Patekile Holomisa on the cover of his 2009 book
‘According to Tradition’

The Joint Constitutional Review Committee has issued a statement affirming that it will “not entertain” efforts to remove sexual orientation protection from the Bill of Rights.

On Friday, the committee refuted claims that it had “agreed to a proposal to weaken or amend rights relating to sexual orientation contained in the Constitution”.

In a snub to its own Co-chairperson, ANC MP Patekile Holomisa, it stated that “statements made outside the committee cannot and should not be attributed to the JCRC”.

The proposal to remove the sexual orientation protection submitted to the committee by the National House of Traditional Leaders was in May publicly backed by Holomisa, in his other role as the President of the Congress of Traditional Leaders of South Africa.

The committee went on to say that it “regards all the discriminatory grounds listed in our Bill of Rights to be of critical importance for the country’s democracy, which is based on a human rights culture”.

It concluded by stating:  “The committee will not entertain efforts to remove or weaken any of these critical human rights and ask of all South Africans to work together in building a non-racial, non-sexist society where discrimination on the prohibited grounds, including sexual orientation, has no place.”

Speaking to Mambaonline, MP Andre Gaum, who is the ANC’s Chief Whip on the committee, said that although the committee is opposed to the proposal, it is still obliged to process it.

“Although we need to process the thing, we have made our position very clear as a committee. We are strongly opposed to any efforts to diminish protection around discrimination,” he said. “The underlying message in the statement is very clear,” he insisted.

He clarifed that the proposal is yet to be dealt with by the committee, which has the power to reject it. Gaum said that he expected the matter to come before the committee by the end of year. “Based on our statement you can imply what our position will most probably be,” he said.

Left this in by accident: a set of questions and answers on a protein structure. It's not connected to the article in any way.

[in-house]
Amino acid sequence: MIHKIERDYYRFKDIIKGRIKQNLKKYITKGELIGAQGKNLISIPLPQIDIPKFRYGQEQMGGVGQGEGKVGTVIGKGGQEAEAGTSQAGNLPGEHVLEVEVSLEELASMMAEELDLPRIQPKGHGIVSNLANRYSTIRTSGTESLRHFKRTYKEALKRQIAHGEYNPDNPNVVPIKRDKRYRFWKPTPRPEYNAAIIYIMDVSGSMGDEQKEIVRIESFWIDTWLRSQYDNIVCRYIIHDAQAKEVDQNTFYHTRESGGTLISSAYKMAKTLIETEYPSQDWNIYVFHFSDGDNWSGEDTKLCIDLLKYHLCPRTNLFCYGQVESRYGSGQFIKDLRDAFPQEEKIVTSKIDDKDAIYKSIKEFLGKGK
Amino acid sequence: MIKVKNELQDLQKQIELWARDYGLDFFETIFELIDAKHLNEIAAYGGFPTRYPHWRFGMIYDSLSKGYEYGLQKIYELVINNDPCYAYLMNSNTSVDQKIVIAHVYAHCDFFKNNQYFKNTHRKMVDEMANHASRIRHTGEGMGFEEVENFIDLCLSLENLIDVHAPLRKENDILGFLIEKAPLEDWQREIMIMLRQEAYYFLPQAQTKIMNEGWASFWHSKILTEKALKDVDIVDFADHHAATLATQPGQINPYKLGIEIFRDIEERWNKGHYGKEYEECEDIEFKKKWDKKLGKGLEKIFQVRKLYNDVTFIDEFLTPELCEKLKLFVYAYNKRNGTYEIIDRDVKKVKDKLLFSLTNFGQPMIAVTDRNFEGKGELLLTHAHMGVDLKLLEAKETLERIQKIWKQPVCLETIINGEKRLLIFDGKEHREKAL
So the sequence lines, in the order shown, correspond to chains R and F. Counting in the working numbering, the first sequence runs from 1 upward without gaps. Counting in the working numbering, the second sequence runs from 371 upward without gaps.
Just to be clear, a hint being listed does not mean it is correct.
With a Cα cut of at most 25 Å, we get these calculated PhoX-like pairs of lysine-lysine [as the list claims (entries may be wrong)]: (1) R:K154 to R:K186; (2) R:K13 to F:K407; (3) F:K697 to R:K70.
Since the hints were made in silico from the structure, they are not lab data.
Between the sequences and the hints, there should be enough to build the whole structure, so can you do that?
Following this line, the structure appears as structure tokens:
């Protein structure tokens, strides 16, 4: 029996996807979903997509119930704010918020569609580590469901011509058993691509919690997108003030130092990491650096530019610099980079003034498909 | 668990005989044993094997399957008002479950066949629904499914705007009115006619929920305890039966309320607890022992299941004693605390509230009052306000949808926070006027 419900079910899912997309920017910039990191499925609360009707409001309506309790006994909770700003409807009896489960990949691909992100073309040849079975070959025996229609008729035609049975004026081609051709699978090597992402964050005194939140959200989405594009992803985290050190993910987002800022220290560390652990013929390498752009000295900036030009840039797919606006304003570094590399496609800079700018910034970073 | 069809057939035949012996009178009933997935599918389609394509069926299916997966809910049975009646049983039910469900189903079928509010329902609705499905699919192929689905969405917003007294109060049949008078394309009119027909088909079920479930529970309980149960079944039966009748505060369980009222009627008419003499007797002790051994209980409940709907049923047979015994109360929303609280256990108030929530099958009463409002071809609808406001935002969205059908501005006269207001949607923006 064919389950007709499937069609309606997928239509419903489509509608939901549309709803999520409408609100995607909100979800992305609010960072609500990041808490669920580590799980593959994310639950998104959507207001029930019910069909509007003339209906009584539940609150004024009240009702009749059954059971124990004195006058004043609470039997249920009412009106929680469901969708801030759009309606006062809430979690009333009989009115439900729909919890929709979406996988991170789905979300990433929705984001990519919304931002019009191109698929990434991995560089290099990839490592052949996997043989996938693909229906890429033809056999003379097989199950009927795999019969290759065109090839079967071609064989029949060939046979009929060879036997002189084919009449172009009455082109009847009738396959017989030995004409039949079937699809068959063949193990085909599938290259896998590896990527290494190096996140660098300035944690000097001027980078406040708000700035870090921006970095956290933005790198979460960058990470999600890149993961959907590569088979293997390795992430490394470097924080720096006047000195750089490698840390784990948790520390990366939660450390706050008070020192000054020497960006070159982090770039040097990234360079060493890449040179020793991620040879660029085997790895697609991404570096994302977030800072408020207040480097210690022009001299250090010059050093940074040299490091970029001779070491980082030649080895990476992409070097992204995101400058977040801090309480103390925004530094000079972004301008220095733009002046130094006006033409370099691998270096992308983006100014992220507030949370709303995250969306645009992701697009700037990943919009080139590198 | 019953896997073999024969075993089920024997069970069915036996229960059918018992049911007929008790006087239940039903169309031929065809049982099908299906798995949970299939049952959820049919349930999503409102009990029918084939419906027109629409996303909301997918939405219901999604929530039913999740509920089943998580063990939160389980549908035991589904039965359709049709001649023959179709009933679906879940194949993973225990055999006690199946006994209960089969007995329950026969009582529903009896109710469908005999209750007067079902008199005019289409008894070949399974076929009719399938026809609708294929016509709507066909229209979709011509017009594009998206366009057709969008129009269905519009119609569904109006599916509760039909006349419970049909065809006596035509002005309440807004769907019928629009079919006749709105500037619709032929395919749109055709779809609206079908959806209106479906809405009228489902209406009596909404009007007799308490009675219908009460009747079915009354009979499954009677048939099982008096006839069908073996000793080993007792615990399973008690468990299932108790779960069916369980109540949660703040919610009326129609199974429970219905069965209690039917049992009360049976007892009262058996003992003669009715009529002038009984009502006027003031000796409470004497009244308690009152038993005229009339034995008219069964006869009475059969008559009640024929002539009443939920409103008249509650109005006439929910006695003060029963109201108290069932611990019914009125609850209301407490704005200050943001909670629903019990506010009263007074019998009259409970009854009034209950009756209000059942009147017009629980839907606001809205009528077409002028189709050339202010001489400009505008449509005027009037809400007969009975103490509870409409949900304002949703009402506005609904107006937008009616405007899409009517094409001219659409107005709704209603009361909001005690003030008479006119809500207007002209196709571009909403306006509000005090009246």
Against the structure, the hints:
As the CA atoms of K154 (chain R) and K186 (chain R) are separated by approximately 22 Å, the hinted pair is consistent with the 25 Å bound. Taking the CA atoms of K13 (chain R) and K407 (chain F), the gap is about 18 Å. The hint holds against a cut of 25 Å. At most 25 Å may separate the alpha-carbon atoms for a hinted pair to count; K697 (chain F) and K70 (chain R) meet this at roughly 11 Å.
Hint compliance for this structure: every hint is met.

Mambaonline asked him how it can be appropriate for Holomisa to remain as co-chair under these circumstances; in which the committee is in direct conflict with his publicly stated views.

Gaum refused to comment on this, insisting that Holomisa’s personal views were not those of the committee. “I don’t want to entertain that question. You can make your own conclusions,” he said.

When asked if Holomisa had supported the committee’s statement, Gaum replied that he could not speak for him but he confirmed that Holomisa remains in the position of co-chair.

Meanwhile, it’s come to light that the speaker of the National Assembly, Max Sisulu, last month wrote a letter to Holomisa calling for him to recuse himself from his position on the Joint Constitutional Review Committee when it considers the anti-gay submission from the traditional leaders.

“You will appreciate that your membership of the National House of Traditional Leaders could be perceived as a conflict of interest. Consideration could therefore be given to your recusal when the matter serves before the committee,” said Sisulu.

Holomisa denied being a member of the National House of Traditional Leaders although he has thus far not backed away from his support for the call to remove the sexual orientation clause.

Holomisa’s co-chair on the Joint Constitutional Review Committee, Bafumani Aaron Mnguni also commented that “It was wrong of the gay community; they jumped the gun to say Nkosi Holomisa, [and] the committee have accepted that they are going to change the sexual orientation clause”.

He said that the submission to exclude the clause “was merely an administrative exercise”.

Although the ANC has previously distanced itself from Holomisa’s anti-gay stance, which is contrary to the party’s policies, it has refused to heed calls for it to fire him as an MP.

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